When Robert Jackson FRCS sat down to write his life story it was intended only for family and friends, but so many people asked for a copy that he decided to go ahead and publish. His book, Memoirs of a Surgeon, Climber and Orienteer is the result.
It spans his years as an orthopaedic surgeon in the Southampton and Lymington hospitals, where he pioneered the treatment of scoliosis (the distressing condition where there is side-to-side curvature of the spine). But it also covers much more – as the title suggests, Robert has been a keen climber, climbing with the likes of Joe Brown, and since retirement he has been an equally keen and competitive orienteer.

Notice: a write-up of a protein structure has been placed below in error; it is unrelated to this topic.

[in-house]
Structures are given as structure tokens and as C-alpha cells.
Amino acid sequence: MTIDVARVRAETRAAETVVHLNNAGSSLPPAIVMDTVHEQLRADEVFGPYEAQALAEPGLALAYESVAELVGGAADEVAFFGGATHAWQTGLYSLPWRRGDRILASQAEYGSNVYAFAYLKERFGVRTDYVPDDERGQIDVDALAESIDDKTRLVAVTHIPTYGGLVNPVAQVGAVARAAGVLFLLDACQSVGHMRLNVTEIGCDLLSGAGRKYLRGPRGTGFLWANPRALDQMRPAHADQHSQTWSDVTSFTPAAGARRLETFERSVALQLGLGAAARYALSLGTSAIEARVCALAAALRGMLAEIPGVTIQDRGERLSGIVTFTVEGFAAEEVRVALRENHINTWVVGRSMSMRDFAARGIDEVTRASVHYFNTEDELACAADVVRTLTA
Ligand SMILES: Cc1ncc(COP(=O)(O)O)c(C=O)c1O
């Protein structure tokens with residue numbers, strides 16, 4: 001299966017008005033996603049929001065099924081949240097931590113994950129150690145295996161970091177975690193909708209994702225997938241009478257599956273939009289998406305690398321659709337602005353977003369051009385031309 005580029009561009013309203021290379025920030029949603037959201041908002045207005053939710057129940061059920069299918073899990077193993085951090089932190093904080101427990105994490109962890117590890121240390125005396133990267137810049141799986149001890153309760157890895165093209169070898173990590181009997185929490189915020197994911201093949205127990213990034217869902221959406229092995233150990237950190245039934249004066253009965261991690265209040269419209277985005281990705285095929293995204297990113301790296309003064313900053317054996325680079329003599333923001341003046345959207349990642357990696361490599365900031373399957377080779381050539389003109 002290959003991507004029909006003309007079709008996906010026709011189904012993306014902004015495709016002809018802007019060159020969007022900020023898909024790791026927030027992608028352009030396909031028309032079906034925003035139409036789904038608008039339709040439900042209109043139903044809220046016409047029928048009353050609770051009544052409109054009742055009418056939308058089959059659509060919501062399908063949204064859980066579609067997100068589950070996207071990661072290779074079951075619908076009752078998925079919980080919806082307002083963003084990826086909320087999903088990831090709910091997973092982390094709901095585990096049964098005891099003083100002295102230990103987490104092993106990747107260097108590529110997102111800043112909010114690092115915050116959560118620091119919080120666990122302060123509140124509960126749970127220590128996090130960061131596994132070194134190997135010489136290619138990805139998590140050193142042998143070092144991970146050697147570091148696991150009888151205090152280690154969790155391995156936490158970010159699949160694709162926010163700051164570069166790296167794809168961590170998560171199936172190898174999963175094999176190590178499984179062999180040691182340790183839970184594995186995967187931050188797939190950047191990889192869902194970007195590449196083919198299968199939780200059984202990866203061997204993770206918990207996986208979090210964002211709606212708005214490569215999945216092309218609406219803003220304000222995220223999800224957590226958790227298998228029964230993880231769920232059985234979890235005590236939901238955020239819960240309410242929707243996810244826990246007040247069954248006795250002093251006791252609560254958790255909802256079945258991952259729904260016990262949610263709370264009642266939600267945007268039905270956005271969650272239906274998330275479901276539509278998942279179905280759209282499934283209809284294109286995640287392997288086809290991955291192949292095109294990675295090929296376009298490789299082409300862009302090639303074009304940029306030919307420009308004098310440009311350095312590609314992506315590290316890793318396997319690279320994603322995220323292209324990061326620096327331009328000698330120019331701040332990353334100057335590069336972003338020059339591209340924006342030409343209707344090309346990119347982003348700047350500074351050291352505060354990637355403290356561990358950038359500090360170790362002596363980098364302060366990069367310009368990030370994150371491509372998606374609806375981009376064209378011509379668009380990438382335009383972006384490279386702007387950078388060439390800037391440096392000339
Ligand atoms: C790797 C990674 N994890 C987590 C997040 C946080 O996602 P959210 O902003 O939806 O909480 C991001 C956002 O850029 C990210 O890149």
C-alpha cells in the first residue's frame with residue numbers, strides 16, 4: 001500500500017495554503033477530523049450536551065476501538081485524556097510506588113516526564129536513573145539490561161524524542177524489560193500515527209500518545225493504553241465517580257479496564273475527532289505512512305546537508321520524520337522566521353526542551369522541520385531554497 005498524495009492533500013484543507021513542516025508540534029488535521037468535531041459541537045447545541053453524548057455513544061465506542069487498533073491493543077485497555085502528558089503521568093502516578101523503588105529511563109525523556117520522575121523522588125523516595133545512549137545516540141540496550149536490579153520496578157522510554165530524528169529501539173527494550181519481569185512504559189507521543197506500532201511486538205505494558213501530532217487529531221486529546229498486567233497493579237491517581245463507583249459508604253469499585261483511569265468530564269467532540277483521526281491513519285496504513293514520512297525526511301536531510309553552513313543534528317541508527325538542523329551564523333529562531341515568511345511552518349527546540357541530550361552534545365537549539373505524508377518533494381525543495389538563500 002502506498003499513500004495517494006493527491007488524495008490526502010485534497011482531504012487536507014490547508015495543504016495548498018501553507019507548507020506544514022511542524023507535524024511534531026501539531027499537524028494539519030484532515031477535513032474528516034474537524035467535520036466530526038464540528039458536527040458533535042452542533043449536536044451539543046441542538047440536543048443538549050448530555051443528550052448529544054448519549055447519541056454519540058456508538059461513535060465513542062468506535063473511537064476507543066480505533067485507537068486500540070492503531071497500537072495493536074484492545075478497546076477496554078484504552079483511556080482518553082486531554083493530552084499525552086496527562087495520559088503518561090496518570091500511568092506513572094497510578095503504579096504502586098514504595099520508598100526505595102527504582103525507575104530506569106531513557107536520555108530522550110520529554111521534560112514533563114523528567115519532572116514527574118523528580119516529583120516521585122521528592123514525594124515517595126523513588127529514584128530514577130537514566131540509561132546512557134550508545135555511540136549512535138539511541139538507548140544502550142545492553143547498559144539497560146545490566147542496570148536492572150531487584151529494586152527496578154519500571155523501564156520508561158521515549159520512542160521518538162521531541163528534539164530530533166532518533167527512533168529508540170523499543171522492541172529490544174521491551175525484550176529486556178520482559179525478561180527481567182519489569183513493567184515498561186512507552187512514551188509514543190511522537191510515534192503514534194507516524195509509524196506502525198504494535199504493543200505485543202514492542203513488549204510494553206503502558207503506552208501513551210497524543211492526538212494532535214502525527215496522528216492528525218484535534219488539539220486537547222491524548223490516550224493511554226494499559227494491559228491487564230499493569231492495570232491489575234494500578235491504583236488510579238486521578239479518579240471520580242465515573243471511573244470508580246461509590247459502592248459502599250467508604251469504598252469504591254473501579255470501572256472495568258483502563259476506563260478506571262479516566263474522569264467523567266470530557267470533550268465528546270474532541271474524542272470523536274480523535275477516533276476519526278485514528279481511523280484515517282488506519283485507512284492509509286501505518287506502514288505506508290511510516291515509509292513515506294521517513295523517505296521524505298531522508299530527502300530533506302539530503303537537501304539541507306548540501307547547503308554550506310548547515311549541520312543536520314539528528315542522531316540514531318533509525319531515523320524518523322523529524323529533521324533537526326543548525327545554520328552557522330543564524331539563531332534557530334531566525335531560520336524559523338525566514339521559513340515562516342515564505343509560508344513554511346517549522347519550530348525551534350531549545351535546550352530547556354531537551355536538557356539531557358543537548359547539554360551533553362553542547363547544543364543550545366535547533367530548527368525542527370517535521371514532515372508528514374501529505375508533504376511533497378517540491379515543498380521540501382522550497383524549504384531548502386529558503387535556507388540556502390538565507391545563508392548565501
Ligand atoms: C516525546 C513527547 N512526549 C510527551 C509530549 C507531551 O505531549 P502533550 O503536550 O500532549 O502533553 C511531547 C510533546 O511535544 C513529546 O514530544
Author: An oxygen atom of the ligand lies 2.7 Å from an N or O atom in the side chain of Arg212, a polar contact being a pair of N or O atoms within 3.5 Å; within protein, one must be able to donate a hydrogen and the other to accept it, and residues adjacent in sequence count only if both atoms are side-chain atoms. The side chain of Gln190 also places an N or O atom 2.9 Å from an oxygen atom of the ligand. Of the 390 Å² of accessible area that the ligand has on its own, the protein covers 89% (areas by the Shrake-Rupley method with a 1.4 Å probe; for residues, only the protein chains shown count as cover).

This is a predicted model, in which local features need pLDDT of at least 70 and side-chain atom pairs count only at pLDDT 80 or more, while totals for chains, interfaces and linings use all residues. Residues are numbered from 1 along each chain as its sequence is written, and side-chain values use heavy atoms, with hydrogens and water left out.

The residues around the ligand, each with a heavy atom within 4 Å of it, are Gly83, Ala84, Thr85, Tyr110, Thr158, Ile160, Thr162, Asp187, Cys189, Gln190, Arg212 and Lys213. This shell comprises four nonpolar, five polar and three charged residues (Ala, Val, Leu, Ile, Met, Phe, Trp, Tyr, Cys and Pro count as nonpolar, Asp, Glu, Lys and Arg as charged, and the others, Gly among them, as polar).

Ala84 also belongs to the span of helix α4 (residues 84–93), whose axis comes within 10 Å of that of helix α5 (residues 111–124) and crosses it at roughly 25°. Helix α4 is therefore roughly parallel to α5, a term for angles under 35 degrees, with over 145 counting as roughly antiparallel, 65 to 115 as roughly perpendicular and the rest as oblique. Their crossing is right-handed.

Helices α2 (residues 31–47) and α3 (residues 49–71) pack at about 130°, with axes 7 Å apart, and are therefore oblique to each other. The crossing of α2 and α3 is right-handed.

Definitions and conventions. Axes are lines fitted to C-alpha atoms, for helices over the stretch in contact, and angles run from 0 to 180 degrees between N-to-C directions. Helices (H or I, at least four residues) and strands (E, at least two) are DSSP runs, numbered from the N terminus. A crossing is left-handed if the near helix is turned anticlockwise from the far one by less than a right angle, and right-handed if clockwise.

Robert’s childhood in the Lake District formed his interest in natural life, resulting in him keeping an ark of animals on National Service in the British Cameroons and, more recently, in his work as a voluntary warden with the Hampshire Wildlife Trust.
When Robert retired with his wife, Maggie, to a New Forest village near Lymington, he was quickly drawn into the life of the parish and the setting up of the new Lymington Hospital. Prompted by Maggie’s insistence that he should not leave it too late, Robert has now produced a book that is part of our collective history and of interest to a wide scope of readers – his only regret being that Maggie is no longer here to see it.